Circulating the Internet today are details on how Dawn of the Planet of the Apes nearly ended. There was a battleship involved, and there’s actually a shot of it in the trailer. The image, combined with the fact that it was a kind of cliffhanger moment reminds me of the conclusion of Resident Evil: Afterlife (that’s part 4) where the heroes have just arrived on an aircraft carrier and then are attacked from above as the credits begin. That franchise is all about the serialization. The Planet of the Apes movies are not. Although the original sequel, Beneath the Planet of the Apes, takes place right after the first movie and the next installment, Escape from the Planet of the Apes, starts with a return-from-cliffhanger type twist, afterward each movie was set years apart from its predecessor. And that’s how the new series is so far, too. The next one, due in 2016, should also be set at least a decade ahead.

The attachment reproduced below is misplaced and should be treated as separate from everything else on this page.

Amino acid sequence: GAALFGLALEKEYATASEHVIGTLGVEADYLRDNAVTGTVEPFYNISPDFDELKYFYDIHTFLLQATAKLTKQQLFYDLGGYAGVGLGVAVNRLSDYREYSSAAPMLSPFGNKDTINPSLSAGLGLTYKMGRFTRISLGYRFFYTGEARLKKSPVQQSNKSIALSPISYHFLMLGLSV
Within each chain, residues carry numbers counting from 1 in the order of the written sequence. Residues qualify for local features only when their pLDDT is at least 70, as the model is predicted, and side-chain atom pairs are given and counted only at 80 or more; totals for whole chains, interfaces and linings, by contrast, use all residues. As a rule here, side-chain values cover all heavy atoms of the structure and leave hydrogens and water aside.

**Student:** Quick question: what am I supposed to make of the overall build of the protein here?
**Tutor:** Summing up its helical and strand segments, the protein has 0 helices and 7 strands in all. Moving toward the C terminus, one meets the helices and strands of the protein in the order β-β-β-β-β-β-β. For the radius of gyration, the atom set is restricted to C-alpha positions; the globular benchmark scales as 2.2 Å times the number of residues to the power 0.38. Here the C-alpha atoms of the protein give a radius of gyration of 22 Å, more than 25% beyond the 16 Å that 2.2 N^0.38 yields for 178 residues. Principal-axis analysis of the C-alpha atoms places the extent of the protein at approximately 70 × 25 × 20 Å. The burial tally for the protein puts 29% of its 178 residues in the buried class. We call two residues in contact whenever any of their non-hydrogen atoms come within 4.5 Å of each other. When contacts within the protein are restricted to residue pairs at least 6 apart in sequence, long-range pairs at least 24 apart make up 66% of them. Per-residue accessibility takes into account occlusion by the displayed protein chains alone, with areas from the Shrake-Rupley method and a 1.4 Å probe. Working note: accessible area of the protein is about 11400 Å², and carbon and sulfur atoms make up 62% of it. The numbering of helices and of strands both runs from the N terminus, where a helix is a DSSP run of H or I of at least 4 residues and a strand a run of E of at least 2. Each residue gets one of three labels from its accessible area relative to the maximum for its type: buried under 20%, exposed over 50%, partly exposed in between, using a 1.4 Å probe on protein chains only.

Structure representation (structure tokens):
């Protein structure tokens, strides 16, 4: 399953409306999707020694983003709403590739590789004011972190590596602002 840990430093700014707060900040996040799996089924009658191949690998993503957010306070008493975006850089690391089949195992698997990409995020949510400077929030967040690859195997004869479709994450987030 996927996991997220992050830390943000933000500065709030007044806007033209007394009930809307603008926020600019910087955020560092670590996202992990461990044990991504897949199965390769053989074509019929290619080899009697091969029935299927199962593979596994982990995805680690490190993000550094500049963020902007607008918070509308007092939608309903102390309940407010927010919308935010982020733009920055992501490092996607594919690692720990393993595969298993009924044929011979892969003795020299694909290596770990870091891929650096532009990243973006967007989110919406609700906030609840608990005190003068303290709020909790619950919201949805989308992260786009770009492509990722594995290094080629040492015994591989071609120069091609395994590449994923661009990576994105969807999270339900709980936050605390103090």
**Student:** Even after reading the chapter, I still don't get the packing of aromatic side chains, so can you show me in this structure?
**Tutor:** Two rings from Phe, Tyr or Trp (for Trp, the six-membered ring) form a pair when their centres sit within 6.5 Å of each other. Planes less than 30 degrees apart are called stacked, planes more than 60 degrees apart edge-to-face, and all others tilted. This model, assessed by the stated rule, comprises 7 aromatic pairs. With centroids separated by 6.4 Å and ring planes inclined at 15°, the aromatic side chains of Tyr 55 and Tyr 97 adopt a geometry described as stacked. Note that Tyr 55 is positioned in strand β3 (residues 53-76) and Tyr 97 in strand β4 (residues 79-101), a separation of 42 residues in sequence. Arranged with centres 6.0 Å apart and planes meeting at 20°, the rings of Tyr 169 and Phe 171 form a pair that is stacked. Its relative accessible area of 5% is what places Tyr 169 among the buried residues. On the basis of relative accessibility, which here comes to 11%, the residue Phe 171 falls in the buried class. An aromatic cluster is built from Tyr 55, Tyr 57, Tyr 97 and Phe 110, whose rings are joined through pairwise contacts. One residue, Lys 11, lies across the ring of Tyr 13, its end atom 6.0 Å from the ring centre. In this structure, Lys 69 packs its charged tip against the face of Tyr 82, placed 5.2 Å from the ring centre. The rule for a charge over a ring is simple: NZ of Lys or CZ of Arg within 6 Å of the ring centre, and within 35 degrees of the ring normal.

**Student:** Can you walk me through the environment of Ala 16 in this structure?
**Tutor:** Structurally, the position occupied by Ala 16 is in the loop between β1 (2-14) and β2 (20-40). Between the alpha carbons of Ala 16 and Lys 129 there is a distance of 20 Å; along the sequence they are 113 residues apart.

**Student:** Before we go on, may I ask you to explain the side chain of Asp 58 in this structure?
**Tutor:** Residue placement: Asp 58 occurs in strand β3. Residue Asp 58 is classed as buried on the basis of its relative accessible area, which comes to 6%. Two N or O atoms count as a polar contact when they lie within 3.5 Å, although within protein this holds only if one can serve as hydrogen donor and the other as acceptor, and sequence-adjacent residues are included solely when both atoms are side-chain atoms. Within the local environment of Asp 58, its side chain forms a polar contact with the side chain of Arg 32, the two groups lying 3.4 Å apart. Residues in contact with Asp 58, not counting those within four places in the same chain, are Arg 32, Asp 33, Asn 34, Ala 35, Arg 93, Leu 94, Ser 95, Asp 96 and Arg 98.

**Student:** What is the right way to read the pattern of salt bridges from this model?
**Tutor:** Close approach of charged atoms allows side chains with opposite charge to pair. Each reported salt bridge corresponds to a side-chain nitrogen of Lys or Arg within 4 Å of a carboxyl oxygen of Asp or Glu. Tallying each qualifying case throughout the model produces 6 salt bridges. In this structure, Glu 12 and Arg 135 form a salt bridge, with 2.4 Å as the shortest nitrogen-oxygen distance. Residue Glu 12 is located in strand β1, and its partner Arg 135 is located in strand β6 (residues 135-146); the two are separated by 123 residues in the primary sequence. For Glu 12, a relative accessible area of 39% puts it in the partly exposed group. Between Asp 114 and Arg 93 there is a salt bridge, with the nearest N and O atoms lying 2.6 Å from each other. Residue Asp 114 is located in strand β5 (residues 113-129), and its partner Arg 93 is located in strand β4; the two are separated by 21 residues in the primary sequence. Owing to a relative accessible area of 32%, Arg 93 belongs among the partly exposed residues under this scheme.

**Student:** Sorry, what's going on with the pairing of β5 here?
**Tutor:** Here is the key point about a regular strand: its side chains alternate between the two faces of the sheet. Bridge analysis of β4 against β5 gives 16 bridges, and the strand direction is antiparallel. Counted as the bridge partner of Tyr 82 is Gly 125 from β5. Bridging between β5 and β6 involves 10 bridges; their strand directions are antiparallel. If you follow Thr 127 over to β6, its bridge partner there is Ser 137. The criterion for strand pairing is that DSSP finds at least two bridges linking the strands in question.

Director Matt Reeves, who is returning for Planet of the Apes 3 (as we’ll call it for now), spoke about the alternate ending with Slashfilm and said it was never finished, so don’t think it’ll wind up in the DVD extras. He also admits that he didn’t want such a cliffhanger to lock in where they have to go with the next movie. I don’t necessarily think it would, especially when you consider the way Rise of the Planet of the Apes ends in a way that indicated the sequel would pick up soon after, as opposed to the 10 years that go by before Dawn begins. There’s nothing wrong with teasing events that turn out to take place off screen, although if that’s the case anyway just knowing that a human military force might be on the way, as we’re told, would be sufficient. Who needs a visual in a movie, right?